By all the technical criteria, the W7500 produces a very good image. Once you've set up the projector and started watching a movie, though, the technical criteria go right out the window. The W7500 has a natural, life-like image, and the projector brings out every scrap of detail in the source material.
With a 1.5:1 zoom lens and H/V lens shift, the BenQ W7500 can be installed almost anywhere. Rear shelf mounting is popular due to its simplicity, but the W7500 could just as easily be ceiling mounted. Due to the projector's throw ratio, coffee table mounting isn't ideal; the projector must sit slightly behind the audience if you want to watch from 1.5x the screen width. Since the 1.5x viewing distance gives you the full benefit of a good 1080p signal, you shouldn't sit farther away if you can help it.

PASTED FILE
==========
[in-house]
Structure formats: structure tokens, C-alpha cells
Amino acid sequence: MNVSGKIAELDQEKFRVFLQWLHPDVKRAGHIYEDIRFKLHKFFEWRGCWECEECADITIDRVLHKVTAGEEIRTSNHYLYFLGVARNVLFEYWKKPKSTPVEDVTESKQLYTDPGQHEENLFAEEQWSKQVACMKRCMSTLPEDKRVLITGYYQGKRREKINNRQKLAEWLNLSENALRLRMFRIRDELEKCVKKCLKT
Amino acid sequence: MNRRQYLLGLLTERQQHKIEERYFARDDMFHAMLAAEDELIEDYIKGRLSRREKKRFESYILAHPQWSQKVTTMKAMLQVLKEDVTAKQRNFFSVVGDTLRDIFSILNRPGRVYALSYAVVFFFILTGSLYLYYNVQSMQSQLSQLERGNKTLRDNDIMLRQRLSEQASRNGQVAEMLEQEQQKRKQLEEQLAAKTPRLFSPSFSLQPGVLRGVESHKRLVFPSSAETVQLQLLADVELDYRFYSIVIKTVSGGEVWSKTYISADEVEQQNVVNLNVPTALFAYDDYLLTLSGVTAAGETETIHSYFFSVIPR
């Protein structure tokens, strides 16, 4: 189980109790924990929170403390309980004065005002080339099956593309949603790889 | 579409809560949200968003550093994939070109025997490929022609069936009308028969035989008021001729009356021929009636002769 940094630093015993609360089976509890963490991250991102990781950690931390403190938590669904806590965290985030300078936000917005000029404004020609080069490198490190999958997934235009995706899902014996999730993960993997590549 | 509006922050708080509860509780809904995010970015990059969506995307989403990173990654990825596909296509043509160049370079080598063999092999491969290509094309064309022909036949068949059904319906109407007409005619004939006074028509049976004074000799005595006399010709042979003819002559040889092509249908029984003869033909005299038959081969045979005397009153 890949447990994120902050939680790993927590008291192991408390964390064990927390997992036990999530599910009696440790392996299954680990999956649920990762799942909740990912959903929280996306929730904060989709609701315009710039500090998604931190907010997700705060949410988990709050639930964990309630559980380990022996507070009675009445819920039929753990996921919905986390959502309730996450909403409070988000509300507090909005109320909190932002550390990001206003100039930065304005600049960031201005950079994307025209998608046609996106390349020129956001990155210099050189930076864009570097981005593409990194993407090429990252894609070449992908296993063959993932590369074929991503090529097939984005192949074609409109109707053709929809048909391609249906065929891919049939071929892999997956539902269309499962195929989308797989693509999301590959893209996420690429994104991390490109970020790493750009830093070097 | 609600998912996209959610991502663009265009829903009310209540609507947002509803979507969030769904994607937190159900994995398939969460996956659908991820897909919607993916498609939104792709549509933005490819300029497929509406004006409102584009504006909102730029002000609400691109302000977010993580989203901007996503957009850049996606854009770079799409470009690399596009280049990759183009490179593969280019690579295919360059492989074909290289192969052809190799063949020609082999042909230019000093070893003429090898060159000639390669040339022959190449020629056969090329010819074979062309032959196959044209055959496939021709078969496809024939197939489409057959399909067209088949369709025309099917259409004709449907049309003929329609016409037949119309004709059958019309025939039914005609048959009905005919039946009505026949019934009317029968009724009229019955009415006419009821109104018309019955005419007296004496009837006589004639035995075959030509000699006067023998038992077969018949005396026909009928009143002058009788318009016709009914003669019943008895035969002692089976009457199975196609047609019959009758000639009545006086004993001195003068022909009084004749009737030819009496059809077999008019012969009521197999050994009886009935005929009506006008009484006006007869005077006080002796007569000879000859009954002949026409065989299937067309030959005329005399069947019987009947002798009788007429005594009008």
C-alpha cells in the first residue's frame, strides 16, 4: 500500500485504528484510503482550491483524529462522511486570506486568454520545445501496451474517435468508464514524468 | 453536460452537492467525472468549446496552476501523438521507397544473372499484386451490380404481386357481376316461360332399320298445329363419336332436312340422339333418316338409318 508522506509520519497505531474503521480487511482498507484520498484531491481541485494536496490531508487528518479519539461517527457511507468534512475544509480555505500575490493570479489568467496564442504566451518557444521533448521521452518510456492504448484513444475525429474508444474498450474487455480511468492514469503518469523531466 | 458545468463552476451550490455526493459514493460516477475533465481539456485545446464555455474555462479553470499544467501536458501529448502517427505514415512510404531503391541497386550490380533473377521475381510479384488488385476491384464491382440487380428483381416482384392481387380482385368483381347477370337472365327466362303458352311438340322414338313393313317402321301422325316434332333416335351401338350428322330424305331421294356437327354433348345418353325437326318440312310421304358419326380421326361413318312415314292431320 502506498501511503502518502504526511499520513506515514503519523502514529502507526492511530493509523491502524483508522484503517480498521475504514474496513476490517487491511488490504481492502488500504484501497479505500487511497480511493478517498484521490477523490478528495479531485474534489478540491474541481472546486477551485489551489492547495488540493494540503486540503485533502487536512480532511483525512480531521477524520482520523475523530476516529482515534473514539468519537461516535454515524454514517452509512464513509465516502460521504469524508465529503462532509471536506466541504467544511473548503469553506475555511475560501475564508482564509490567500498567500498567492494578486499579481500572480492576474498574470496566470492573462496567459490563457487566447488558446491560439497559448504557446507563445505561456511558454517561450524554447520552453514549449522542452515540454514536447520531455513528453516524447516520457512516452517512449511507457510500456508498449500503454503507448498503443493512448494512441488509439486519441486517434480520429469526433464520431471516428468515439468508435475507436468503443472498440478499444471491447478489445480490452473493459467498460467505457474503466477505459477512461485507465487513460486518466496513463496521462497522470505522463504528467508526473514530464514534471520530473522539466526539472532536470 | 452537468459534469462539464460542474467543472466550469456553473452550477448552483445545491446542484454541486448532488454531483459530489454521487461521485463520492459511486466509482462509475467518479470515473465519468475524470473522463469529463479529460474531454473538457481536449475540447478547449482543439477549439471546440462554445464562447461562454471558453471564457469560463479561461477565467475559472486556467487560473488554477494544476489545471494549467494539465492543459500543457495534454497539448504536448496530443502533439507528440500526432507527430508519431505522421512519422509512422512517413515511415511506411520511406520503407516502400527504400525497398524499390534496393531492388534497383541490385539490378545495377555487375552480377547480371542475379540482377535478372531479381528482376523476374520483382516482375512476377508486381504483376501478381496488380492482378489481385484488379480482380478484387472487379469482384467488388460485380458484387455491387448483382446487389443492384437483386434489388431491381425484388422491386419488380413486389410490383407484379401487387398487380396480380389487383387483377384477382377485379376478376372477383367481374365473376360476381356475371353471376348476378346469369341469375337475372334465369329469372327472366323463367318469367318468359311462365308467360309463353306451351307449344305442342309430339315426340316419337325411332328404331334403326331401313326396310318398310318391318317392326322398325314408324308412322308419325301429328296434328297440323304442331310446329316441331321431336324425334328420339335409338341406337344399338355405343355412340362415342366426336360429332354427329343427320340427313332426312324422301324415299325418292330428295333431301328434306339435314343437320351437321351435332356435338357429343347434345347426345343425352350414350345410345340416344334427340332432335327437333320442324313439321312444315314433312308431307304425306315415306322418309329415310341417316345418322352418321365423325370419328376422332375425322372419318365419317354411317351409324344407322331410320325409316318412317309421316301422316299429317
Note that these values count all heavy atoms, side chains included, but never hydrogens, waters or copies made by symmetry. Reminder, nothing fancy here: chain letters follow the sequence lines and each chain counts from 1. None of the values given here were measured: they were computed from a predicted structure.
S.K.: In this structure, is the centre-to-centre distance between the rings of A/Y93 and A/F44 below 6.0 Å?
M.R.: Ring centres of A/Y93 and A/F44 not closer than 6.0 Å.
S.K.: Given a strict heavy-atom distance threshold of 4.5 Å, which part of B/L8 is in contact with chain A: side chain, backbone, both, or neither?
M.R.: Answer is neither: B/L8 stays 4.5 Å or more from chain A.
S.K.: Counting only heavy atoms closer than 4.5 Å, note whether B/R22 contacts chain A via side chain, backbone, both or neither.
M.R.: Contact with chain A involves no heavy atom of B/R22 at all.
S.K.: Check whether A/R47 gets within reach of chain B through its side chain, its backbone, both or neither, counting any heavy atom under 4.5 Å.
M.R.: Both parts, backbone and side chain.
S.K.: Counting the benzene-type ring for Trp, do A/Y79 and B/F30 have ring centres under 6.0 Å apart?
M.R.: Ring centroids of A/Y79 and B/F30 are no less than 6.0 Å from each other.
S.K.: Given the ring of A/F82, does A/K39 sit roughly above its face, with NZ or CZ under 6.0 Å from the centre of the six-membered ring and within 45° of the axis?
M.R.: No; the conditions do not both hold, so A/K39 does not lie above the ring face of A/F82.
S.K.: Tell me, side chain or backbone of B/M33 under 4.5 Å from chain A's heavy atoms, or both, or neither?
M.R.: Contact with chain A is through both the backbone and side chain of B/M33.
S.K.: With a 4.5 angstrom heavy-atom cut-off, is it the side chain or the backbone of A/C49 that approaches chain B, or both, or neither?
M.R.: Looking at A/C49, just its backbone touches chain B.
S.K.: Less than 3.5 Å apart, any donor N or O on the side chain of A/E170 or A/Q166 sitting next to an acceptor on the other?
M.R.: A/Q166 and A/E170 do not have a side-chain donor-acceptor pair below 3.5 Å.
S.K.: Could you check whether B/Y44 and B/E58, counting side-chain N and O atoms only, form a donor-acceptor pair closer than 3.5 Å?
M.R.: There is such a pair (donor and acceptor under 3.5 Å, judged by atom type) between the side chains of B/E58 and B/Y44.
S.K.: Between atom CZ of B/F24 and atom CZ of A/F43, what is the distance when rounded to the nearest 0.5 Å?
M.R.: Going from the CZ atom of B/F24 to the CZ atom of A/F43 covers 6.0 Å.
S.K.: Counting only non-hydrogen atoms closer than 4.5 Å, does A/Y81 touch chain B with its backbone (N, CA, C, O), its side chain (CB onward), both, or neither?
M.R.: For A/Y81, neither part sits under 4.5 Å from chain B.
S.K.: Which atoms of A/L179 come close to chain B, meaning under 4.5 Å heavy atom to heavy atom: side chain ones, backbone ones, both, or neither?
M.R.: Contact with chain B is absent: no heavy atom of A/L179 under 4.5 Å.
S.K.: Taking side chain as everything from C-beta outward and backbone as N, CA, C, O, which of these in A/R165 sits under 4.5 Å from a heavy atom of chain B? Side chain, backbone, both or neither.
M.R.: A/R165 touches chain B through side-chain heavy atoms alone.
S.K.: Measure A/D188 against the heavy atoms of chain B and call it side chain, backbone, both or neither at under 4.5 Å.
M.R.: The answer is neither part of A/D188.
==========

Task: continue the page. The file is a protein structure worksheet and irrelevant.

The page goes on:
The lens shift range allows you to place the W7500's image completely above or completely below the centerline of the lens, plus about a quarter image height of additional leeway, or shift the image about 1/3 of the image's width in either direction.
The W7500 can project a 120" diagonal 16:9 image from throw distances between 14' 1" and 21' 2", giving you a good range in which to place the projector. A perk of the W7500 is that its lens only loses 9% of the projector's total light output when moving from wide angle to telephoto zoom, so even mounting the projector near the back of its range will not cause a significant loss of image brightness.